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True or false: $$2^{2^{2011}} \text{ divides } 2^{2^{2012} }$$

Give your justifications. I don't know how to start this problem so far.

But, I guessed like this, $$2^{\underbrace{2\times 2\times\ldots\times 2}_{2011 times}}\text{ divides } 2^{\underbrace{2\times 2\times\ldots\times 2}_{2012 times}}$$

$$\implies \qquad \underbrace{2\times2\times\ldots\times 2}_{2^{2011}\;times}\text{ divides } \underbrace{2\times2\times\ldots\times 2}_{2^{2012}\;times}$$

Number of factors in the first product is less than that of second product. So defenitly,it will divide.

Kindly say is my reason is sound? If its ok, then give me alternate details about if we change the base . $\left(\text{That is what about }a^{2^{2011}}\right.$ and $\left.b^{2^{2012}}\right)$ where $gcd(a,b)=d\neq 1$

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    $\begingroup$ Doesn't it follow directly from the fact that $2^{2012} > 2^{2011}$ ? $\endgroup$
    – sciona
    Jan 16, 2015 at 14:08
  • $\begingroup$ Give me alternate details..please.. I dont want the shorter version of my proof. But, different approach.. $\endgroup$
    – David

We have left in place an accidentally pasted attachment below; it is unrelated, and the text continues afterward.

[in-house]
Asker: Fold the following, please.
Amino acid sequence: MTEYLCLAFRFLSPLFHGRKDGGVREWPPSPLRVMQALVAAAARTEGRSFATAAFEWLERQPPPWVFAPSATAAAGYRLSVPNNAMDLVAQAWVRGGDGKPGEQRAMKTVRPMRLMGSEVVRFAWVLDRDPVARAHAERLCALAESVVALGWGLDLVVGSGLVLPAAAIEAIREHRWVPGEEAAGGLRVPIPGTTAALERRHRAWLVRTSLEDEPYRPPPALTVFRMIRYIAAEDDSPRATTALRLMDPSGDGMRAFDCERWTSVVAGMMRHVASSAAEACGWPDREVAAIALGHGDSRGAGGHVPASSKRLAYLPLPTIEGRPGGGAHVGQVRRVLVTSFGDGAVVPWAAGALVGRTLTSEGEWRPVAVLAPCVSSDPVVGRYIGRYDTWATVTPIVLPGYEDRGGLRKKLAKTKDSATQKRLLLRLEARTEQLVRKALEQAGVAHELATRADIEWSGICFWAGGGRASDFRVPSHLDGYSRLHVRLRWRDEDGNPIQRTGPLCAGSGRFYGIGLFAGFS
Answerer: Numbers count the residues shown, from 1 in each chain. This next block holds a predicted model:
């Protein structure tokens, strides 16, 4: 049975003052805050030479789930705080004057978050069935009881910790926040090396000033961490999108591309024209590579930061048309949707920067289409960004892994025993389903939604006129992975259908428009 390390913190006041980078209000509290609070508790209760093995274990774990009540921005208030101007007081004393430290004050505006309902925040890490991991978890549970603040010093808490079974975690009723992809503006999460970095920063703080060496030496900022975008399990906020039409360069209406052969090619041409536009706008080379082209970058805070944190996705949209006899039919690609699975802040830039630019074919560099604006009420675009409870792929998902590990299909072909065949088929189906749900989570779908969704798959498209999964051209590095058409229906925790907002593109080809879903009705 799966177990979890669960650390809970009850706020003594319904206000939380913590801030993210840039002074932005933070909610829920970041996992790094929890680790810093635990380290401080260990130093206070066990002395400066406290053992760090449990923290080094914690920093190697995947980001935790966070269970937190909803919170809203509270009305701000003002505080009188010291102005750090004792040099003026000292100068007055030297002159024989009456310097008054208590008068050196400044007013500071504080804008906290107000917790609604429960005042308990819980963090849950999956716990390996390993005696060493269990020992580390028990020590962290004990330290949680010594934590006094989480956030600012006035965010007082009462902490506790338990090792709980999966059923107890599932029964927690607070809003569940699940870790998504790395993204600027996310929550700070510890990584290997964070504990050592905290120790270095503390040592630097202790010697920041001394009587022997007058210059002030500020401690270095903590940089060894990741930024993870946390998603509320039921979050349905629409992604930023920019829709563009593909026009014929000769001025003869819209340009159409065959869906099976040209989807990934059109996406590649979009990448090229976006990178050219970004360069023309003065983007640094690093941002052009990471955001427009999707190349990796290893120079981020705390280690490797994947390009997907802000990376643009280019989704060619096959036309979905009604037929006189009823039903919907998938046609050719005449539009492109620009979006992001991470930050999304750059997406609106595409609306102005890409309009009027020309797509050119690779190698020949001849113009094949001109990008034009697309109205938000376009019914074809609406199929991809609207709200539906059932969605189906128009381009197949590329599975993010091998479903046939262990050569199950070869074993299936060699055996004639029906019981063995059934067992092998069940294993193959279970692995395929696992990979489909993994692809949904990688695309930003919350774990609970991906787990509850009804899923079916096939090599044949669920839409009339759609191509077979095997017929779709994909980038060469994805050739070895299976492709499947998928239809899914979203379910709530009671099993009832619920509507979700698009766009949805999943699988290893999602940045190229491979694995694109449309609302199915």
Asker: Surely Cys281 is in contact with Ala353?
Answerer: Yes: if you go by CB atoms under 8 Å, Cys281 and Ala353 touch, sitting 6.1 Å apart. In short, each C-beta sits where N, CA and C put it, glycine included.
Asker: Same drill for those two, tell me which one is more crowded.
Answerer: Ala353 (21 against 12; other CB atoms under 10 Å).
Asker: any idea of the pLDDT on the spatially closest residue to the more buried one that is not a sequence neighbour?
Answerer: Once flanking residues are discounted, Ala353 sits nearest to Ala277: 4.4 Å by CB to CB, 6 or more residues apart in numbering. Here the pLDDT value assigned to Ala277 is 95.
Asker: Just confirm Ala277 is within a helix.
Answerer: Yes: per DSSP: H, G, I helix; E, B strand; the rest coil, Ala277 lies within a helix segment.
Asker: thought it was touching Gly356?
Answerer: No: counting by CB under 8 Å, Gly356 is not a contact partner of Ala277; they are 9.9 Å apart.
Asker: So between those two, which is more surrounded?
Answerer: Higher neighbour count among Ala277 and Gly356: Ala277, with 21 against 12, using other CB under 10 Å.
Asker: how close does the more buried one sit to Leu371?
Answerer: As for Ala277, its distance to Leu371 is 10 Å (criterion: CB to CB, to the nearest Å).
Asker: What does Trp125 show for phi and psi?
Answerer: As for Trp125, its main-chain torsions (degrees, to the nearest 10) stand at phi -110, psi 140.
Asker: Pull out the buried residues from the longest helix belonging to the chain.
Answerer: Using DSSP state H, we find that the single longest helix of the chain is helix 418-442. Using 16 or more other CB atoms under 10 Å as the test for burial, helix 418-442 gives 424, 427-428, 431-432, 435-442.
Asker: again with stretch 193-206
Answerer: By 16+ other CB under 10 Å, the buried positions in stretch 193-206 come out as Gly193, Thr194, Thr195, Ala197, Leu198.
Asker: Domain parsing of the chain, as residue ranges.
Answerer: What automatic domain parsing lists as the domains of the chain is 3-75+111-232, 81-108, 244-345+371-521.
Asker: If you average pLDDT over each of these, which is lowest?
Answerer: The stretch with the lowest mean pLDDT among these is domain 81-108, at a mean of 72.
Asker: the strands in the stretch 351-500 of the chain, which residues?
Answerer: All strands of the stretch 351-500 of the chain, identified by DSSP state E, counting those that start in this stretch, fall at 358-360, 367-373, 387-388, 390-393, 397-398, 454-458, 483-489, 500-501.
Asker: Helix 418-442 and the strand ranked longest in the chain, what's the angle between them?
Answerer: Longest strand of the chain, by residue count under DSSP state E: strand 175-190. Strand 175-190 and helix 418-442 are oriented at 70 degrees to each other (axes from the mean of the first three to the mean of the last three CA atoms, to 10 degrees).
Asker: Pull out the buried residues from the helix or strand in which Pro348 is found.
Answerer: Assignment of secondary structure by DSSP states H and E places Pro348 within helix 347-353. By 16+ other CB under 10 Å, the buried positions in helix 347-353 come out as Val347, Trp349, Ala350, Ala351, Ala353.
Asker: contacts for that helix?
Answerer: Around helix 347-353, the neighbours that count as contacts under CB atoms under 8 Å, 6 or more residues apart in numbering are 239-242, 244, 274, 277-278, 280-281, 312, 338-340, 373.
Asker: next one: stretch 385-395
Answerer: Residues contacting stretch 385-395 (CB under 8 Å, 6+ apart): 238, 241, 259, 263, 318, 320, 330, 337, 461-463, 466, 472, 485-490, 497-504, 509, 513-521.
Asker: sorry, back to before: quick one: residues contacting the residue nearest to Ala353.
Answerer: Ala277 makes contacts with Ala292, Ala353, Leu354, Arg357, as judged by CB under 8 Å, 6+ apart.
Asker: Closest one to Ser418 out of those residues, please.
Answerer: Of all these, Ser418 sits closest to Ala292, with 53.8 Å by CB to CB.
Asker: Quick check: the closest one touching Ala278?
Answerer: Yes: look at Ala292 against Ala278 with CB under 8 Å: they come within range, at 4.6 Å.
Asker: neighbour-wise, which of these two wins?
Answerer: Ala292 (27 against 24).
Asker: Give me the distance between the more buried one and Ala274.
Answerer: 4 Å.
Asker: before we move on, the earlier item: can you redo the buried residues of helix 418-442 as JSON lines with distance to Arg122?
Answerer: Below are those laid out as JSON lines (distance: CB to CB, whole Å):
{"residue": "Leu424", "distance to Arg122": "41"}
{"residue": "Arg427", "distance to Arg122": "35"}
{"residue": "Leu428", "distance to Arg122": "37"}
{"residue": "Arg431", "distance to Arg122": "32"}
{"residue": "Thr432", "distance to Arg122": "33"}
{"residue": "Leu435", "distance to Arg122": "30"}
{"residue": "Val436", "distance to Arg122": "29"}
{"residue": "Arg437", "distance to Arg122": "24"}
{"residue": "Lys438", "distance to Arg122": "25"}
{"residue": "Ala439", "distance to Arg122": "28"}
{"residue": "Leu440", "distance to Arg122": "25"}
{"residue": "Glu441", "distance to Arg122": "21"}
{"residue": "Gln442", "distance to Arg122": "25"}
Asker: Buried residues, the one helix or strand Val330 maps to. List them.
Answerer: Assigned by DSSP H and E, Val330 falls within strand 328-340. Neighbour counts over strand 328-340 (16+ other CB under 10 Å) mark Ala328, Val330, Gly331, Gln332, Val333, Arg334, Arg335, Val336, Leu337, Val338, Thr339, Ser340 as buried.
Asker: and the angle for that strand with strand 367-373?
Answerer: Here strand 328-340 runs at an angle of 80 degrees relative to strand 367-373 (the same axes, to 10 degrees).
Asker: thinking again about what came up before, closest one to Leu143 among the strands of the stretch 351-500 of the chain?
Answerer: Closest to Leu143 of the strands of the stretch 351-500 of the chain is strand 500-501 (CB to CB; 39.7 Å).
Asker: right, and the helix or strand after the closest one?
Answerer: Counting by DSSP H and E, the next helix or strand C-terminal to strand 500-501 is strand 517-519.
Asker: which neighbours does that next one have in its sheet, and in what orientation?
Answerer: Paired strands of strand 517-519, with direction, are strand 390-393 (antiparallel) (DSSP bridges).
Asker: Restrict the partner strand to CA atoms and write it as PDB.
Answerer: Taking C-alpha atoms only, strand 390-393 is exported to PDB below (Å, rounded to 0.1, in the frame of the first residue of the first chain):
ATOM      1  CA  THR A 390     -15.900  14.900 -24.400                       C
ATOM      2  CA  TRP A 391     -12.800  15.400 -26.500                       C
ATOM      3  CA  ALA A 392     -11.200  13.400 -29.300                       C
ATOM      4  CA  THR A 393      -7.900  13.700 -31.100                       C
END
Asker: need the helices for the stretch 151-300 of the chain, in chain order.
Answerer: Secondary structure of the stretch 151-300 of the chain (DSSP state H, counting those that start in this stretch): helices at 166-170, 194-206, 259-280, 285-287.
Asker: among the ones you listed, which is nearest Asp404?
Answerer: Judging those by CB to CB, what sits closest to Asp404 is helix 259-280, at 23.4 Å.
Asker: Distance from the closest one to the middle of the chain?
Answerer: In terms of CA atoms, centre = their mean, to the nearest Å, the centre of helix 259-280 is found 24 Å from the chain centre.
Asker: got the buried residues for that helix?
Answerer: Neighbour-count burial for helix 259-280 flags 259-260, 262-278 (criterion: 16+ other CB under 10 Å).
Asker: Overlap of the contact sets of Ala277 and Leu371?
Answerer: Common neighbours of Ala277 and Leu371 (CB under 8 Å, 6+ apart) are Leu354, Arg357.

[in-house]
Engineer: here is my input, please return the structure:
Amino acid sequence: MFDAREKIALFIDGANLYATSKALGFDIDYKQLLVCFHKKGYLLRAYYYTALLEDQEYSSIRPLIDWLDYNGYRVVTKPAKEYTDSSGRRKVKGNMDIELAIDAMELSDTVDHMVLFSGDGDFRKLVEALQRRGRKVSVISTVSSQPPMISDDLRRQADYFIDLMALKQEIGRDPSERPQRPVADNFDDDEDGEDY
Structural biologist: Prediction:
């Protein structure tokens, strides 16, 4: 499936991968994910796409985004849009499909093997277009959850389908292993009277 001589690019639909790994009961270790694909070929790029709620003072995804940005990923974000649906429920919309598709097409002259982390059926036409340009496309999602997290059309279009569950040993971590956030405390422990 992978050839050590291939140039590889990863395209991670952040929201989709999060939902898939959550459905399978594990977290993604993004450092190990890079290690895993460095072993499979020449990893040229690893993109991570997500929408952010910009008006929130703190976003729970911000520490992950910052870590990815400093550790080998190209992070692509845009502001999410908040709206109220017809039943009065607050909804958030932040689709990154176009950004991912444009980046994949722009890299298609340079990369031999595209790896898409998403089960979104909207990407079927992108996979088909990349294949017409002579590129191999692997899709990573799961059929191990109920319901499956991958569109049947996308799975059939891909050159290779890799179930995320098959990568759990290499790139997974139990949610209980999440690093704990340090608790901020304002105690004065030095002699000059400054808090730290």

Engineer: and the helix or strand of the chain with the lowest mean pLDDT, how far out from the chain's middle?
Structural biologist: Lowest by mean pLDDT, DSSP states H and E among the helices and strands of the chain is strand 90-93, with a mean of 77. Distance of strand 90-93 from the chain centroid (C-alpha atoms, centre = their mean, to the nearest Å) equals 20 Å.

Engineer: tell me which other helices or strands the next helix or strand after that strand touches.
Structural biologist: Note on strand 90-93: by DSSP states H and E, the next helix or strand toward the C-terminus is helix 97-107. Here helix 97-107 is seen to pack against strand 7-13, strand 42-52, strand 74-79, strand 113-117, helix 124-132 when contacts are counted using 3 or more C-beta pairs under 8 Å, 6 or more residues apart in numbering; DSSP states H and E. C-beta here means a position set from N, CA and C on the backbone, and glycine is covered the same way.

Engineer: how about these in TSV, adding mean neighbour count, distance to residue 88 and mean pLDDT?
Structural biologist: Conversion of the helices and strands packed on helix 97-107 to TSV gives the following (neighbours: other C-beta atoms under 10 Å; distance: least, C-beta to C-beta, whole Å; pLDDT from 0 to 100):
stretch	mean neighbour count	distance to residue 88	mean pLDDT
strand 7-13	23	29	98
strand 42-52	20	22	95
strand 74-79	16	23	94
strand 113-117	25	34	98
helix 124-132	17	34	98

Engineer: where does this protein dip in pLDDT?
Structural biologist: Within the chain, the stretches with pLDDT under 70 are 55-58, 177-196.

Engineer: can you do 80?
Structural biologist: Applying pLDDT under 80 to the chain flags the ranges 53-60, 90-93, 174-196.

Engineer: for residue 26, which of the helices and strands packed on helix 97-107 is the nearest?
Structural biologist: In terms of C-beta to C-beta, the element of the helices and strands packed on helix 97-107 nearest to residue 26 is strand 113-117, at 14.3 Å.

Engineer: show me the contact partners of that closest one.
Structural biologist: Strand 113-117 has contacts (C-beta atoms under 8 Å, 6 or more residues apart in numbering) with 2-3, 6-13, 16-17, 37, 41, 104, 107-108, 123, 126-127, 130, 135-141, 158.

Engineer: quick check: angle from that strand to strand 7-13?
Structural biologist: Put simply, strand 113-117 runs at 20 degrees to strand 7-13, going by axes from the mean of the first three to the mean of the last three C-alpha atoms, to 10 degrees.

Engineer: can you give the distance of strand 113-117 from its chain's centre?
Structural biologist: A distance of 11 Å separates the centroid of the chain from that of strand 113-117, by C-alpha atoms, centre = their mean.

Jan 16, 2015 at 14:31

3 Answers 3

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The reasoning here is very simple. $2^n$ divides $2^m$ for $n,m$ positive integers if and only if $n \le m$ ; this is just because you multiply a bunch of $2$'s together, so if there are less multiples of $2$ on one side than on the other, then the side with less $2$'s divides the other side.

Now $n=2^{2011} \le 2^{2012}=m$ shouldn't be hard to see.

Hope that helps,

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  • $\begingroup$ yah.. I also used the same thing in my proof. Can you give suggestion about last quote?@Patrick $\endgroup$
    – David
    Jan 16, 2015 at 14:24
  • $\begingroup$ Try proving that $(a^n,b^m) = (a,b)^{\min \{n,m \}}$, where $(a,b)$ denotes the g.c.d. of $a$ and $b$. $\endgroup$ Jan 17, 2015 at 18:42
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More specifically, $2^{2^{2012}}=2^{2^{2011}\times2}=(2^{2^{2011}})^{2}$

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  • $\begingroup$ Indeed, this is the simplest proof IMO. $\endgroup$
    – Ruslan
    Jan 16, 2015 at 15:38
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True because $$2011 +1 = 2012 \Longrightarrow 2^{2012} = 2 \cdot 2^{2011} \Longrightarrow 2^{2^{2012}}= (2^{2^{2011}})^2$$

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